The use of self-reporting tools for routine monitoring of patients’ own experience with respect to their quality of life (QOL) is important in developing better integrated care. After diagnosis of cancer followed by the subsequent treatment and dreaded anticipation for the future, patients can go through a mixed experience. This is often compounded by distress and anxiety for themselves, care-givers and their family. The fluctuations in people’s QOL can now be captured by a concept of PROMs (Patient Reported Outcome Measures) and PREMs (Patient Reported Experience Measures). The aim of PROMs is to capture a person’s perception of their health whilst PREMs is of their experience with healthcare or the service being provided. There are few validated PROMs/PREMs but this is important as all current health policy emphasises patient experience, together with effectiveness and safety, as key components of quality of care. As a consequence, these parameters are increasingly being seen as important for assessing quality of care, evaluating outcomes of specific interventions and for clinical assessment and decision support. Various devices are used to measure these factors but the most common one is a survey/questionnaire. However, despite the benefits of QOL assessments and the use of PROMs/PREMs instruments, their routine use at point of care has been limited. Our CANCER project is collecting generic and condition-specific PROMs and PREMs electronically, whilst patients are on location on recovery, to determine QOL impact and to optimise the clinical and cost-effectiveness of treatments and services. Much data has been gathered and we are now using big data analyses methods in the CANCER project such as t-SNE to explore new domains.

Our CANCER project has developments at the preclinical development phase but already recognition of these clinically approved categories, may well open the door to our own research, where we are already developing and testing photodynamic compounds, novel biomaterials, new vaccine adjuvants, oncolytic viral therapy and fast selection of neo-antigens in different combinations. These also have the breakthrough potential to forge new categories of treatment with respect to cancer immunotherapy based upon our use of new nanomaterials.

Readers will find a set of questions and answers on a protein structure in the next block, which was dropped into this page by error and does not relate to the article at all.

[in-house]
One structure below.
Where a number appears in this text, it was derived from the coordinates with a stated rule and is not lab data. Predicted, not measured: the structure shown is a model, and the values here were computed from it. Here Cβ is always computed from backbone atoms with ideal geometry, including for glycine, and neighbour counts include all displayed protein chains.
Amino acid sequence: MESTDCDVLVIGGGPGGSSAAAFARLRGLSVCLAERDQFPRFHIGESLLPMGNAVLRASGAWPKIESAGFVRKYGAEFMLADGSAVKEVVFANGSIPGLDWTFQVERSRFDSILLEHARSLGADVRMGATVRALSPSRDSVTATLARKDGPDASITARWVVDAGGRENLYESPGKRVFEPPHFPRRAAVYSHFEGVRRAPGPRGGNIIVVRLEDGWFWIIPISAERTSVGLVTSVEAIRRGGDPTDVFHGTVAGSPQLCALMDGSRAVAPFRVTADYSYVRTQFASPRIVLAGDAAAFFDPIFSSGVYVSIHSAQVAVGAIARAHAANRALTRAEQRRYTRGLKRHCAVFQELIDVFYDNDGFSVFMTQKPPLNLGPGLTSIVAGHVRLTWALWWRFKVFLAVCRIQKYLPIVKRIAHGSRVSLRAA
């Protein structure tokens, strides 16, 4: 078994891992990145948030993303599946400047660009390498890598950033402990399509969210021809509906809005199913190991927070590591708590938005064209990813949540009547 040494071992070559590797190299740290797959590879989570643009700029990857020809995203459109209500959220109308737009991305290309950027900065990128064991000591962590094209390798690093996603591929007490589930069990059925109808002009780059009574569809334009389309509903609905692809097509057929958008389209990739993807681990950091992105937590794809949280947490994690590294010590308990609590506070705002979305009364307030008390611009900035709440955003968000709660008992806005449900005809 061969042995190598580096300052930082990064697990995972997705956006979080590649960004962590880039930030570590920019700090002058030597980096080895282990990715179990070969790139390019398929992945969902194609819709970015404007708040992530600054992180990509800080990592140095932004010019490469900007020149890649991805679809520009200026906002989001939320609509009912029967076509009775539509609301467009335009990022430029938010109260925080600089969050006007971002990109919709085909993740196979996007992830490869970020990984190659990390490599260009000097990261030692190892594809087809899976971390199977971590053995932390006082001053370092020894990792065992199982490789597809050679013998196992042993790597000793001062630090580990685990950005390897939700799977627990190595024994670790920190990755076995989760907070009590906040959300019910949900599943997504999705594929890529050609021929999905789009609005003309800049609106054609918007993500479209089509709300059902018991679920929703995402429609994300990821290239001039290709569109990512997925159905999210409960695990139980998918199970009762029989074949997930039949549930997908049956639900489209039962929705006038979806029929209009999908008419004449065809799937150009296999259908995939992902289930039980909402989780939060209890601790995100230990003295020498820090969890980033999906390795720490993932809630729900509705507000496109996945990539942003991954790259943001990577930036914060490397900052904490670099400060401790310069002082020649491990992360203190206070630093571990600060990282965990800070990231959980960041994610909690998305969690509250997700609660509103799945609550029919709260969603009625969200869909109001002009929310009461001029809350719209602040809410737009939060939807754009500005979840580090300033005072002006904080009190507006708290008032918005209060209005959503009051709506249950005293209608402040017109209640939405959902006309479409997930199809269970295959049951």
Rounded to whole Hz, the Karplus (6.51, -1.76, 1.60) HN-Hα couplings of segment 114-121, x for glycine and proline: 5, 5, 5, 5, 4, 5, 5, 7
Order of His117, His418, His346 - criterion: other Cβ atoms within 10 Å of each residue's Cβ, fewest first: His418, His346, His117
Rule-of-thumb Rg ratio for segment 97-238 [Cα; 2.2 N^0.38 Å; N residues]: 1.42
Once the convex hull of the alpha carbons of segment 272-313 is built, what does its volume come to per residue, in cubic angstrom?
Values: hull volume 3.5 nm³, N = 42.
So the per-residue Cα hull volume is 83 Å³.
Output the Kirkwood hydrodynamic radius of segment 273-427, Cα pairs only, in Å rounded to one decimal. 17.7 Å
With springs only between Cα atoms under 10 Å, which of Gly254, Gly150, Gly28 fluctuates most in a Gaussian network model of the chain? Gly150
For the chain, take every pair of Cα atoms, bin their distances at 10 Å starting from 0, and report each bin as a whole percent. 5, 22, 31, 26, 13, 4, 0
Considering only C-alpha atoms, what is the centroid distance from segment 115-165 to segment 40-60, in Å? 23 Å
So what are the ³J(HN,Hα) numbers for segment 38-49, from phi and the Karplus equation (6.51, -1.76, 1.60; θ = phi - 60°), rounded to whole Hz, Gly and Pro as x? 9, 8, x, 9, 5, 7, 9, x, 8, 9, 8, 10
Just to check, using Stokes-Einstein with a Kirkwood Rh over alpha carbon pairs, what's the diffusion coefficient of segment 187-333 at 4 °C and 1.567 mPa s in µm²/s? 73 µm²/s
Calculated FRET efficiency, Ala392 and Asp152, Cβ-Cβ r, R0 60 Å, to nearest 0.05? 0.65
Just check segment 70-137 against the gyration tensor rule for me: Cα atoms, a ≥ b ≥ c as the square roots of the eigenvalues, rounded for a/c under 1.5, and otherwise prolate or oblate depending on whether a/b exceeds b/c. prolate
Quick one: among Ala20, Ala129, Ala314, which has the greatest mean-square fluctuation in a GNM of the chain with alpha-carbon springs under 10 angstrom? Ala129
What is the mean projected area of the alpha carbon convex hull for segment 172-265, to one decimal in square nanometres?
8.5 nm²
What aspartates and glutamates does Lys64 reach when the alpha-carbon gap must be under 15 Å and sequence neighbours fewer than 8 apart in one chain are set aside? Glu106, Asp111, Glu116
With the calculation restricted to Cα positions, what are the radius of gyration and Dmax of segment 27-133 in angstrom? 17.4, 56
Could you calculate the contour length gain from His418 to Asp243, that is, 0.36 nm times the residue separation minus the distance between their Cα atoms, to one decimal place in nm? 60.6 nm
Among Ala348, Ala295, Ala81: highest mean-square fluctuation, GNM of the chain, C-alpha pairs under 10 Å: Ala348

There are several important socio-economic impacting factors as a result of our discoveries:
Palliative care after cancer treatment has always followed the model that the patient has had one or a combination of, surgery, radiotherapy, antibody targeted and/or chemotherapy. However, immune checkpoint inhibitors have unique toxicities and response kinetics, which are different to current cytotoxic and gene-targeted anti-cancer agents. The CANCER project’s aim is for cancer immunotherapy to reverse tolerance, rejuvenate the immune system and restore immune homeostasis. The open questions remain as to whether or not we can continually manipulate the immune system. How long do we need to continue immunotherapy for? Are there long-term consequences, e.g. autoimmunity? What about toxicity or resistance to treatment? When do we start thinking about multiple immunotherapies? The success of these agents raises important questions for exactly how and when to integrate palliative care into the care of patients on immunotherapy. In 2010, advanced melanoma had a median overall survival of 6–9 months and less than 20% could expect to be alive at 2 years. Palliative chemotherapy with dacarbazine, the standard of care, did not improve survival. They very much needed palliative care for symptom management, advance care planning and multidisciplinary support to get the best out of their remaining time. However, by 2018, the very same patients, if they receive combination CTLA-4 and PD-1 blocking agents, have a 3-year median survival of 58%. Despite the remarkable success of checkpoint blockers in improving objective response rates in a subset of patients, it has been demonstrated that ≤ 20–30% of tumour patients with non-small cell lung cancer (NSCLC), renal cell carcinoma, and melanoma benefited from CTLA-4 or PD-1 blockade. To further improve on socio-economic impact, we will in the future look into addressing the issue of the non-responders, as they endure high treatment costs and toxicities with little benefit from the treatments. It is currently difficult to identify and distinguish responders / non-responders. To sustain the success that checkpoint blockers have achieved in the treatment of various tumours in clinical settings, specific prognostic indicators would be identified to predict whether a patient would be rescued by immunotherapy.